I have a different explanation for the co-existence of warm and cold climate species during the Pleistocene. During some climatic phases, average temperatures were less extreme than they are today, but overall climatic fluctuations were formerly more drastic.
File:Eremotherium laurillardi ROM.jpg
These dramatic climatic fluctuations created more varied habitats that supported a wider array of fauna, especially of small mammals. Instead, I think a shift to a more stable climate pattern is a better explanation.
Changes in species composition lagged behind the rapid climatic changes. But over the past 10, years, a warm climatic phase that has lasted quite a while, meadow voles did not enjoy the benefits of a sudden shift to cold climate in the south and have mostly disappeared from the region. Perhaps the most mysterious mammal to have lived in Georgiayears ago was a small cat.
A jaw bone of this species was found at this site but not enough skeletal material has been found to determine what species this cat was. Despite the genus name, Leopardus, it was not closely related to the leopard as some sources have erroneously and carelessly reported See Roadside Geology of Georgia. Instead, it was closely related to the margay and ocelot.
White-tailed deer fossils were the most abundant large mammal specimens found here. Deer may have been more common in Pleistocene Georgia than other species of now extinct megafauna, contrary to other areas such as Florida.
However, specimens of long-nosed peccary, bison, horse, tapir, and mastodon have been found here, showing they did share the environment with deer. Eremotherium laurillardi, the giant ground sloth. It was common on the Georgia coast during the last interglacial but disappeared from North America some time during the following Ice Age.
Below is a list of all the species found at the Isle of Hope site as reported in the reference cited at the bottom. I had fun translating the Latin names to English. Just 1 species of shellfish stymied my attempt to translate them all.
Drastic Climate Fluctuations vs. Humans have been enjoying a relatively stable warm climate phase for roughly 11, years now—a period of time known as the Holocene. This phase of warm stable climate has allowed agriculture to flourish. If climate had remained unstable and as cool as it did during the last Ice Age, civilization as we know it may never have come into existence.
The most recent interglacial previous to the present one was the Sangamonian Interglacial which lasted fromBP, BP. Climate during the Sangamonian was even warmer than that of today. At one point during this interglacial the north polar ice cap completely melted and sea levels were higher than they are now. Cypress swamps grew as far north as Illinois, alligators swam in rivers flowing through what today is Missouri, and giant tortoises roamed the ridge and valley region of the southern Appalachians.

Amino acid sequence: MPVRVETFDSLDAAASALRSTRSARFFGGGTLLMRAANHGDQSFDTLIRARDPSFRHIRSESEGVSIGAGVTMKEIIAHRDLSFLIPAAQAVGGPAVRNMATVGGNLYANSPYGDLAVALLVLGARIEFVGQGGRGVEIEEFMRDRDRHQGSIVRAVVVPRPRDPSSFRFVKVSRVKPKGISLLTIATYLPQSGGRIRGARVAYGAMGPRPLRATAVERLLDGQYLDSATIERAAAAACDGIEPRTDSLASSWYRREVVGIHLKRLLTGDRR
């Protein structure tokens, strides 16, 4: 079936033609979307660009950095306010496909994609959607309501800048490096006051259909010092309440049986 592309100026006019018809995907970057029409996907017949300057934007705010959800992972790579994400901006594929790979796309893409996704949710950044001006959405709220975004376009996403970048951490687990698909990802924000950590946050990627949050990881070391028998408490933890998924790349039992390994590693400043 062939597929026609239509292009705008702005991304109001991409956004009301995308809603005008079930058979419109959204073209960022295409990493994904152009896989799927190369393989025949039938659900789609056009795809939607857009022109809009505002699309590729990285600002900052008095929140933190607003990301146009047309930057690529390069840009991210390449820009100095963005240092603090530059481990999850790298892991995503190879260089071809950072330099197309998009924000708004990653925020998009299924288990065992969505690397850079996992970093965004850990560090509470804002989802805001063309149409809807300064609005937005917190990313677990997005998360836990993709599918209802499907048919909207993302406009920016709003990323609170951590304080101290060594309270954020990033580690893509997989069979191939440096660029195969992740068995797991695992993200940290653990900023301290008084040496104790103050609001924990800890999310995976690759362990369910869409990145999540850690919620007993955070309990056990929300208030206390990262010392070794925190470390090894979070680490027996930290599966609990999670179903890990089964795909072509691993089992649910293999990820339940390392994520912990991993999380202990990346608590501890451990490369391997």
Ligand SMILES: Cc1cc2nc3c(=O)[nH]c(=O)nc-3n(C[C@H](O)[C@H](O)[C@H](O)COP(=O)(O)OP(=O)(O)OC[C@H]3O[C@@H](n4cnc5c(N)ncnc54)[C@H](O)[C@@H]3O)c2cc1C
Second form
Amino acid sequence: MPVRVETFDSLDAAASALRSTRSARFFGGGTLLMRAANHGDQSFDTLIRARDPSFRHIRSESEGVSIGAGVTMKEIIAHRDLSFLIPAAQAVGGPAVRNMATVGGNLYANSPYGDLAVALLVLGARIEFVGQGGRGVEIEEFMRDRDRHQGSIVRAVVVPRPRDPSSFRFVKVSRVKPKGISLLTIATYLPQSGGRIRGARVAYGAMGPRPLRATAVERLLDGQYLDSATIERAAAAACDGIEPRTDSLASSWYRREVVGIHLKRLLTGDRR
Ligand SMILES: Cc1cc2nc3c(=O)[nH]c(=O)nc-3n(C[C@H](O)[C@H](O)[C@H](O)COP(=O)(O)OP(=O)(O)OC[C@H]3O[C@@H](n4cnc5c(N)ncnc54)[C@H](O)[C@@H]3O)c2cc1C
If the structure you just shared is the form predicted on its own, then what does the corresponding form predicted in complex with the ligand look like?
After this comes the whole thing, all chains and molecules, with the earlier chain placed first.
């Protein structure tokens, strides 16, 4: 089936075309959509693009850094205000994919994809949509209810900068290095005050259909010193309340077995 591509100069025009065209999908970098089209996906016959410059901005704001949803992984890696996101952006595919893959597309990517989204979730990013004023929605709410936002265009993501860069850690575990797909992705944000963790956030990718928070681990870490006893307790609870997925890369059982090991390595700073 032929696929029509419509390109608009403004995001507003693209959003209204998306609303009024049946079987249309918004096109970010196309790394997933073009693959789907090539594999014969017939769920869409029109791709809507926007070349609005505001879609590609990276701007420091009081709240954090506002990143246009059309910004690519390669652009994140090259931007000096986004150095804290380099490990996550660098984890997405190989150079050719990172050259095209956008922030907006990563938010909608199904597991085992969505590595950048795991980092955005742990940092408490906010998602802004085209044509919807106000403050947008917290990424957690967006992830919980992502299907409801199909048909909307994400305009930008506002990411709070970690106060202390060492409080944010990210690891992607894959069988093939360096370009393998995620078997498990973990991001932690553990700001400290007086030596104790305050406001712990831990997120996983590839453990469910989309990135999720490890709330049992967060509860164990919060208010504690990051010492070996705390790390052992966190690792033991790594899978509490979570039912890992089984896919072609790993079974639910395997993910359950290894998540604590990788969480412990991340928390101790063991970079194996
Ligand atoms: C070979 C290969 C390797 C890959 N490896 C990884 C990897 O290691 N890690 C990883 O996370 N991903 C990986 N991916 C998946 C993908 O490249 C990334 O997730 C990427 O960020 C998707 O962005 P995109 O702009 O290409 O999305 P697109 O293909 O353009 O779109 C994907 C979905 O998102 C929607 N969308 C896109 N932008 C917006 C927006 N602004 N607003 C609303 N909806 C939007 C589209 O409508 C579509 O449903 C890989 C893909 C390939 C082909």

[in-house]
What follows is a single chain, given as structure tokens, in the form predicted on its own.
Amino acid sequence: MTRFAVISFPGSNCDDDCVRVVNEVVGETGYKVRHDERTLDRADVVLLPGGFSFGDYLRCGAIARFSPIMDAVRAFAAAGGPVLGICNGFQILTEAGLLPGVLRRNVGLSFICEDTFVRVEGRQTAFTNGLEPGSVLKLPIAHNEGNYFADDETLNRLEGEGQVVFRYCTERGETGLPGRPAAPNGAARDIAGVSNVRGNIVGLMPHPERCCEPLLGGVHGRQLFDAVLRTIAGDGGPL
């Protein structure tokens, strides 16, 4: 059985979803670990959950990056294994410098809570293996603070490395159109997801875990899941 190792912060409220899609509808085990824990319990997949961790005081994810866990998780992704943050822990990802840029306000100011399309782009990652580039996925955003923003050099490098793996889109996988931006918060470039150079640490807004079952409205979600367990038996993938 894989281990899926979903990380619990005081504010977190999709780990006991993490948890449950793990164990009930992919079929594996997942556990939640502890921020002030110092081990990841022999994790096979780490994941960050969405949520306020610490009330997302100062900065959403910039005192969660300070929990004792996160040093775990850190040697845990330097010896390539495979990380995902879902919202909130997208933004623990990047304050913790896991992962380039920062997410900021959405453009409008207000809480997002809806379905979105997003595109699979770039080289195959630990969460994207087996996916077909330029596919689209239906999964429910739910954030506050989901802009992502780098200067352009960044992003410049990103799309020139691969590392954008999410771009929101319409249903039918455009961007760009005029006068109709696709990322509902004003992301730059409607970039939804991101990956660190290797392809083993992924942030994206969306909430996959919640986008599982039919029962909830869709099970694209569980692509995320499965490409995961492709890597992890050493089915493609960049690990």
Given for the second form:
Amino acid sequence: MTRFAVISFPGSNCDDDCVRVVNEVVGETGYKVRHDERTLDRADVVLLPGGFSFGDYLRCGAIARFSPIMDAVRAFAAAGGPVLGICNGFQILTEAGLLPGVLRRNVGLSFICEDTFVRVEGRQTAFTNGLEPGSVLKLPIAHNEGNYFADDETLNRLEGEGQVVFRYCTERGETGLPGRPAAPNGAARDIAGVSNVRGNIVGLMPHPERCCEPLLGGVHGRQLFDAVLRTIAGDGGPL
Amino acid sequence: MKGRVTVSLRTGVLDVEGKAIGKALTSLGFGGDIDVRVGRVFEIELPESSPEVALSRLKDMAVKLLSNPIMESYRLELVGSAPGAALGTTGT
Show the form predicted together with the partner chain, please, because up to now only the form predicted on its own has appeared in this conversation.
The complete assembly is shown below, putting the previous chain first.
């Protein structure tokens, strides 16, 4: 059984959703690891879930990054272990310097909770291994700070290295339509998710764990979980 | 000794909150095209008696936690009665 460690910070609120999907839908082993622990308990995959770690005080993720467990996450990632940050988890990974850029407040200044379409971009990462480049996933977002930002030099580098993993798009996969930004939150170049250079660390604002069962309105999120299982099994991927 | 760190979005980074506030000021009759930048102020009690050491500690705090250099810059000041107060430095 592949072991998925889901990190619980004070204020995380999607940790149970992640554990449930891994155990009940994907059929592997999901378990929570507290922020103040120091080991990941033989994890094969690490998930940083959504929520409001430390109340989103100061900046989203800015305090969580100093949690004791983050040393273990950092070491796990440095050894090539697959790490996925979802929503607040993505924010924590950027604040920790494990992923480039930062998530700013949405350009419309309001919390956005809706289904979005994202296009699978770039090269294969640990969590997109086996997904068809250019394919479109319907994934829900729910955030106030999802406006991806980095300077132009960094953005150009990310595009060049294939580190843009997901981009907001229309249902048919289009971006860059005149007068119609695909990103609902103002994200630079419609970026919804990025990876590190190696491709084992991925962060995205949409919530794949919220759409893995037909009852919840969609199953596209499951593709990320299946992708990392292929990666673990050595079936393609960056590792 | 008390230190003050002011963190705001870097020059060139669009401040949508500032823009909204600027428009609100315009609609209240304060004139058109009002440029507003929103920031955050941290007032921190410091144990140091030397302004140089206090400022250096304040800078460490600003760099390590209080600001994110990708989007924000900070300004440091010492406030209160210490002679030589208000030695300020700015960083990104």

This prolonged warm climate phase allowed many frost sensitive species of vertebrates to colonize much of southeastern North America, at least temporarily. There are probably more species than the following pictorial cavalcade illustrates, but these are the ones confirmed by science.
Eremotherium laurillardi, the largest ground sloth to ever live in North America, grew to 18 feet long and weighed up to 3 tons. Cold climate eventually drove them from what is now Georgia, but they persisted in Florida until maybe 30, BP when the beginning of the LGM became too cold for them even there. They did continue to live in South America until 10, BP when hunting Indians likely drove them to extinction. It was given the scientific name, Blastoceras extraneous, but was likely the same species populating the present day South American pampas.
Richard Hulbert expressed doubt in his book, The Fossil Vertebrates of Florida, that this mandible was correctly identified, but that was before he himself indentified the presence of collared peccaries in the Florida Pleistocene—a big surprise. Collared peccaries were only identified from the Florida Pleistocene within the last few years. Apparently, they colonized the south during the Sangamonian and probably other interglacials.
It seems that this cat should be able to survive in Florida today. I suspect Indians coveting its spotted coat led to its demise there.
Eremotherium – Wikipedia
Fossil evidence of a small species of cat resembling the modern day margay comes from Florida and 2 widely separated sites in Georgia—Ladds and the Isle of Hope site. Was it climate or paleo-Indian desire for spotted coats that restricted this species to isolated jungles? In contradiction to what most scientists think, I suspect giant tortoises were capable of surviving light frosts.
See my reasoning in a blog entry from my April archives. If giant tortoises lived in the area, alligators surely must have been able to live there too. Many species of South American and Central American birds also extended their range north in Sangamonian times. Size comparison between Eremotherium laurillardi and a man Eremotherium primarily ate leaves and twigs. Fossil brown-banded wettletraps were found at the Isle of Hope site.
Ray-finned fish Batrachoididae Killifish Fundulus sp. Sea robins Prionatus sp. Cutlass fish Trichiurus sp. Flounders Bothidae Boxfish Lactophrys sp. Garter snake Thanophis sirtalis Hog-nosed snake Heterodon sp. Unidentified duck Anas sp.